Academic journal article Twentieth Century Literature

Buddhism and the Postmodern Novel: Severo Sarduy's Cobra

Academic journal article Twentieth Century Literature

Buddhism and the Postmodern Novel: Severo Sarduy's Cobra

Article excerpt

Buddhist studies is a somewhat recent invention. Indeed, as some scholars of religion point out today, the very idea that there exists a thing called "Buddhism," a category that can effectively synthesize diverse beliefs and practices across space and time, was itself an invention of nineteenth-century European scholarship (Lopez 2005, 7; Masuzawa 2005, 121-46). This does not mean that the category is in fact meaningless but only that its codification is historical, mutable, and constantly transforming. As Donald Lopez has written, Buddhism is "less the inevitable unfolding of a distinct and self-identical entity and more a dynamic process of borrowing, conflict and interaction between and within traditions that have been identified as Buddhist" (1999, 56). But while Buddhist studies proceeds to map these transformations and interactions, scholars in literary studies have often continued under the assumption that there is a static essence of the teachings of the Buddha. This supposed essence frequently becomes a framework for understanding the appearance of the heterogeneous schools of Buddhism within twentieth-century literature. (1)

Another approach to understanding Buddhism in Western literature takes Buddhism's dynamism to its absurd extreme, arguing that we can understand cultural representations of Buddhism in the West as completely separate from Buddhist histories and, thus, as completely enmeshed in global capitalism. Perhaps the most prominent instance of this critique is Slavoj Zizek's, who writes, for example, that "although 'Western Buddhism' presents itself as the remedy against the stressful tension of capitalist dynamics ... it actually functions as its perfect ideological supplement" (2001, 12). There is a degree of truth here (a certain neo-Buddhist "let it go" attitude is not far from a laissez-faire approach), but without considering how this came to be, and what other forms of Buddhism exist in the world today, this view offers an incomplete account of both Buddhism and its place in modern and postmodern literature. (2) This is especially so given the variety and quality of research in Buddhist studies around the world over the past few decades.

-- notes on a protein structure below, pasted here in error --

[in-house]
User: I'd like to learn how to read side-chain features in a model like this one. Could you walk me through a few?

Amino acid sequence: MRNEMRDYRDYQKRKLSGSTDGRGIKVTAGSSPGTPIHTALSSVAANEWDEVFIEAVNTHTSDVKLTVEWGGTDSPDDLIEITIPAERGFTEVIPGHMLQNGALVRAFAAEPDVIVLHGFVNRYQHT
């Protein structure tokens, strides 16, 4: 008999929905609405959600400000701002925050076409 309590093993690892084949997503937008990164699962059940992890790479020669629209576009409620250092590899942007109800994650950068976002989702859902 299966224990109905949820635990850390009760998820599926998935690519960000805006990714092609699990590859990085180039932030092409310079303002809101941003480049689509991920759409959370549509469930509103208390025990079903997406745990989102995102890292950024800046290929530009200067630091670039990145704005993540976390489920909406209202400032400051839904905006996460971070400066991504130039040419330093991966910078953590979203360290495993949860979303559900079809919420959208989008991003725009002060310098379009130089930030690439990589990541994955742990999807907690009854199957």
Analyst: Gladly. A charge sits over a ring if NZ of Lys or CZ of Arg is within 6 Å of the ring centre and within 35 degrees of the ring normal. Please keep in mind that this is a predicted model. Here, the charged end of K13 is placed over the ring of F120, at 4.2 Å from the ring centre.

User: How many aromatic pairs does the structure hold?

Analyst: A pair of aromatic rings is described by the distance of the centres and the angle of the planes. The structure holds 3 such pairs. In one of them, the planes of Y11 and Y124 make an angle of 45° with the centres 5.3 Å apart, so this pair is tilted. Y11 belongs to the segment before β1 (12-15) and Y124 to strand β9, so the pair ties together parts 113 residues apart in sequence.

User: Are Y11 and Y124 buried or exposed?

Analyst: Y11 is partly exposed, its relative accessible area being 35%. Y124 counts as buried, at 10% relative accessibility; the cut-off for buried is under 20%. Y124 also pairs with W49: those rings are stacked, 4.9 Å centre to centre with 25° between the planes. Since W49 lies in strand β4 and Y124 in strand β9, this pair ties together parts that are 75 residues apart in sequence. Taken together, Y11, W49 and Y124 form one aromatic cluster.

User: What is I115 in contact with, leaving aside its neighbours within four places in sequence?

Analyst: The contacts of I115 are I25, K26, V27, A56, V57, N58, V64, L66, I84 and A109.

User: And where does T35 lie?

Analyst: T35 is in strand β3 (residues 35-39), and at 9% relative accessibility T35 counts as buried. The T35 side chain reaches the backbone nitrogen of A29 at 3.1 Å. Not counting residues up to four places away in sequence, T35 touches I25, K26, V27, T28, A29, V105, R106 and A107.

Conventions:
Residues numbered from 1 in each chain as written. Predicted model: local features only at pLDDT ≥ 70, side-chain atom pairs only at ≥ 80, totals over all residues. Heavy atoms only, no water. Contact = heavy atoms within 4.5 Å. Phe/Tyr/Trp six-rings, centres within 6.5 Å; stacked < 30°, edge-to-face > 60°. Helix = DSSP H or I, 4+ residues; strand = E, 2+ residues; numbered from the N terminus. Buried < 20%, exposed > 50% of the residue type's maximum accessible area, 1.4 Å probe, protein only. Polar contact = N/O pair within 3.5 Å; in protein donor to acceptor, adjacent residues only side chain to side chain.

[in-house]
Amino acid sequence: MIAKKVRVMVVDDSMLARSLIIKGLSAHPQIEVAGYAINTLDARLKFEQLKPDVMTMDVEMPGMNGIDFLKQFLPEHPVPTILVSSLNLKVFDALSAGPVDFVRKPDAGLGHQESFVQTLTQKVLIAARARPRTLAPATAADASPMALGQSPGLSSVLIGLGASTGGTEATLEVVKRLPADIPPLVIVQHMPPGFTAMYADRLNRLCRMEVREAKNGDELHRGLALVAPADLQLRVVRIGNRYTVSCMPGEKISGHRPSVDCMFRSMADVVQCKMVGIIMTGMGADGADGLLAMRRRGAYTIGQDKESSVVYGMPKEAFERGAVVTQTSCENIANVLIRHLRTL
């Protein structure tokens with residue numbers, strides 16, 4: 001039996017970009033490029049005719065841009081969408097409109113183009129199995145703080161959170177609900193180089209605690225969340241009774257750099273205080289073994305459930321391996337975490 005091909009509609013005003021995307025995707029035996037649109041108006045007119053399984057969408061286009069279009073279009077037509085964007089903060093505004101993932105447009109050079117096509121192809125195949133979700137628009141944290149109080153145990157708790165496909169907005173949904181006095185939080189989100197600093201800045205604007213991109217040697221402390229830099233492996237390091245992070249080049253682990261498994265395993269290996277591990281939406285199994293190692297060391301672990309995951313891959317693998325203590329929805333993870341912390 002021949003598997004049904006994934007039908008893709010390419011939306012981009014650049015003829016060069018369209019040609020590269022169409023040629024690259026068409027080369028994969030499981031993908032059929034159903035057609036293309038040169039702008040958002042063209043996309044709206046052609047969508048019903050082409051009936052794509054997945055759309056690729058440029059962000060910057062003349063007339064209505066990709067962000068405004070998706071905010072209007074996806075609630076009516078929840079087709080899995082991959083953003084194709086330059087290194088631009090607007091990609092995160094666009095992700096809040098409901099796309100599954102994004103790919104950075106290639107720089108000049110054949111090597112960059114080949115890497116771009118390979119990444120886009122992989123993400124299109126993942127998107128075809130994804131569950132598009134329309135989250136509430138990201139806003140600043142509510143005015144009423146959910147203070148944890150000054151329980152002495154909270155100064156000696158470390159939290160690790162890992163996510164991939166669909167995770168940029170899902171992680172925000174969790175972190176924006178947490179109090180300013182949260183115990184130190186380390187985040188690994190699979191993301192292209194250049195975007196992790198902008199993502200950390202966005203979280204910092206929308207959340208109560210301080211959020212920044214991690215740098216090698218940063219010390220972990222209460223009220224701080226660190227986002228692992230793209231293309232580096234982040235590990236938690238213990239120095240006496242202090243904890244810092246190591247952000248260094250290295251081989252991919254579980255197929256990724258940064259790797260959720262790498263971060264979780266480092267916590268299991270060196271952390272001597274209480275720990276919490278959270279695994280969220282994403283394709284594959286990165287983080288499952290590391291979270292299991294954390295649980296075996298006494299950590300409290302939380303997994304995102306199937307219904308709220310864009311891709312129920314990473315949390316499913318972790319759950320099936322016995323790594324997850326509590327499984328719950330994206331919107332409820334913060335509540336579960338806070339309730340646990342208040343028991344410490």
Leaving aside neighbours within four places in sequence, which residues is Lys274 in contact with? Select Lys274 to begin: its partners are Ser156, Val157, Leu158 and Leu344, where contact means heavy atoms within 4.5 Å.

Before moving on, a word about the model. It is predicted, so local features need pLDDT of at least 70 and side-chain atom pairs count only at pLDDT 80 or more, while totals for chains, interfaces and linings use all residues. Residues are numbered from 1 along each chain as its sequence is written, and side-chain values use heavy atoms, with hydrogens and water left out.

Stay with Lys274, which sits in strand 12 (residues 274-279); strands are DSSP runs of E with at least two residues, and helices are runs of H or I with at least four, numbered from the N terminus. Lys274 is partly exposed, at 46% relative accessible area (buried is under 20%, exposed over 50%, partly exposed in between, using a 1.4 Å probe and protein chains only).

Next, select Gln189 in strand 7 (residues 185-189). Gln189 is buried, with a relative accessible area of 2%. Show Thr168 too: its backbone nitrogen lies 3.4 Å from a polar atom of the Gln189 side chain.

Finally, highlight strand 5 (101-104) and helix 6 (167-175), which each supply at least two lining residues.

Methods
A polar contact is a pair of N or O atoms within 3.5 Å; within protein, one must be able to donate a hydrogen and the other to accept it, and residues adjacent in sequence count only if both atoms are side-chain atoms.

This essay represents an attempt to more closely align such research with the criticism of a single novel, Severo Sarduy's Cobra (1972). (3) A Cuban exile in Paris from 1960 to 1993, Sarduy was among the first writers of fiction whose work participated in the rising tide of poststructuralism. Roland Barthes, Helene Cixous, and Philippe Sollers were among his most ardent supporters. And Sarduy, like many writers in both Paris and Havana, developed a lifelong interest in Buddhism. In his middle period, particularly in Cobra and later in Maitreya (1978), the question of how to engage the culture and ideas of Buddhism became a central preoccupation.

I argue in what follows that Cobra does a remarkable job of attending to Buddhism in both its historical and philosophical aspects. Sarduy represents the complicated context of its transmission to the West without letting the historical moment overwhelm his serious engagement with the philosophy. He thus raises questions--about representation, the politics of refusal, the entanglements of political and spiritual liberation, and the relation of Buddhism to modernity--that parallel in provocative ways those at the center of Buddhist studies today. By considering his novel, its criticism, and contemporary Buddhist studies together, we can better understand the historicity of intercultural exchange in postmodern literature, as well as the complexity of Sarduy's own engagement with Buddhism. Rather than reading Cobra merely as an Orientalist novel, then, I read it as a work written in an Orientalist context that it strives to move beyond. Against a current of Sarduy criticism, I suggest that Cobra presents not an intercultural philosophy--a banal coupling of East and West--but, rather, a demand for a philosophy of the future, one that better accounts for the complex historical and theoretical relation between modes of thought and practice across space and time. …

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